How Is Pleural Mesothelioma Diagnosed?
Tell-tale symptoms include intense chest pain, shortness of breath, hoarseness in talking, and blood in the sputum. But, these alone are not enough for a doctor to establish a diagnosis. They would recommend you to do different tests. These include X-rays, biopsies, and CT scans. X-rays and CT scans allow doctors to study the delicate internal structures and find abnormal lumps or growths. Depending on their length and location, a doctor may schedule you for a biopsy when they show up on X-rays.
The medical procedure extracts a small piece of the patient’s lung tissue for investigation. Doctors may also drain the fluid in the lungs to study it. You may also get advice to get complete blood work done and submit samples of your mucus. These procedures are essential since it helps confirm pleural mesothelioma. Then comes the extensive treatment process.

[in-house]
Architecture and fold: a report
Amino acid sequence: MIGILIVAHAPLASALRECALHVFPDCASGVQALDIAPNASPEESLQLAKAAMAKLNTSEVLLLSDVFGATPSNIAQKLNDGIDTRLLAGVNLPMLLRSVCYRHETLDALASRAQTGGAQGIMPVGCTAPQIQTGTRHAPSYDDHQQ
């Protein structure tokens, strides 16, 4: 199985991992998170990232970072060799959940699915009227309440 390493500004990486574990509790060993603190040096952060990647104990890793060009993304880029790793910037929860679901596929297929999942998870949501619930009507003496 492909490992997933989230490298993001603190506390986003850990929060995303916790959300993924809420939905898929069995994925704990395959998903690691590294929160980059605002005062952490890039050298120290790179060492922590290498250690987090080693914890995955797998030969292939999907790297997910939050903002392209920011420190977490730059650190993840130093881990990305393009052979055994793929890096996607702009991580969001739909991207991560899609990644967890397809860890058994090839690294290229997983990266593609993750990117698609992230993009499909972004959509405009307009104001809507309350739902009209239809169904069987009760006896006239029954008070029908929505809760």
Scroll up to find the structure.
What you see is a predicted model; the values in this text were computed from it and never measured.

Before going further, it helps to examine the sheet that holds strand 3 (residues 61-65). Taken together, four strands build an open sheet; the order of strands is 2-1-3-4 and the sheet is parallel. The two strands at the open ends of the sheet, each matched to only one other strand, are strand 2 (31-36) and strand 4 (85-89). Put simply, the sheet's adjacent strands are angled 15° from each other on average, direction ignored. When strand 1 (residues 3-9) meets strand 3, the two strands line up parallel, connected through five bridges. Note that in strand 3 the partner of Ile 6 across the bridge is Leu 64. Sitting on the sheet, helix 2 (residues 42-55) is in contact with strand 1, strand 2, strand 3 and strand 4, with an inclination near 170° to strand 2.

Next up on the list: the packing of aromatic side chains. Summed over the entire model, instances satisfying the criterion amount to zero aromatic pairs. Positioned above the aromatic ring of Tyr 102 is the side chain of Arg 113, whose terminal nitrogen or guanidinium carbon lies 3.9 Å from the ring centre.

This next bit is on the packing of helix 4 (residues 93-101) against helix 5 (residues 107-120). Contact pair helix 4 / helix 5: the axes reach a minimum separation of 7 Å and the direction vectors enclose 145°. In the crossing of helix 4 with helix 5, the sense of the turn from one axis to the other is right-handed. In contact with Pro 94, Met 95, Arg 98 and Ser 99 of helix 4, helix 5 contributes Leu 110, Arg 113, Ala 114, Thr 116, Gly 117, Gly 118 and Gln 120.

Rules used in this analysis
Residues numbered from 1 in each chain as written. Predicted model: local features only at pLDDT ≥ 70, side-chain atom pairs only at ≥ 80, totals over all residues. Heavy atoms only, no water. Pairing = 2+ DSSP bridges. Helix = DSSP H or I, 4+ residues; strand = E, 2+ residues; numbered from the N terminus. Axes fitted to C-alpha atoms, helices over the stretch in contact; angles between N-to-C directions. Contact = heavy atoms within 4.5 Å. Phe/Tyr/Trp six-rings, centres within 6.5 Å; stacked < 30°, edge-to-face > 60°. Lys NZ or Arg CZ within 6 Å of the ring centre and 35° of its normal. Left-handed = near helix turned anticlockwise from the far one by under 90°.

Who Is At Risk Of Developing Pleural Mesothelioma?
While anyone can develop pleural mesothelioma, some people are at a higher risk than others. Those at risk must know their chances of getting pleural mesothelioma is high, and they should consult a doctor. Asbestos is present all around us in water, air, and soil, but constant exposure is what can make you sick. That is why it’s essential to consider the risk factor that contributes to the illness:
- By Occupation. People working in the automotive or industrial sector are at high risk, be it construction workers, firefighters, plumbers, or insulation manufacturers. Their profession brings them face to face with copious amounts of asbestos products. For example, plumbers work with pipes containing traces of asbestos inside them.
As time passes, so does their exposure to the airborne asbestos fibers. When they remove and change them, it causes micro-scratches on the surfaces, releasing the fibers. The best way these professionals can protect themselves is by wearing protective gear when they work. They speak to their respective managers to provide sufficient PPEs while working with different asbestos products.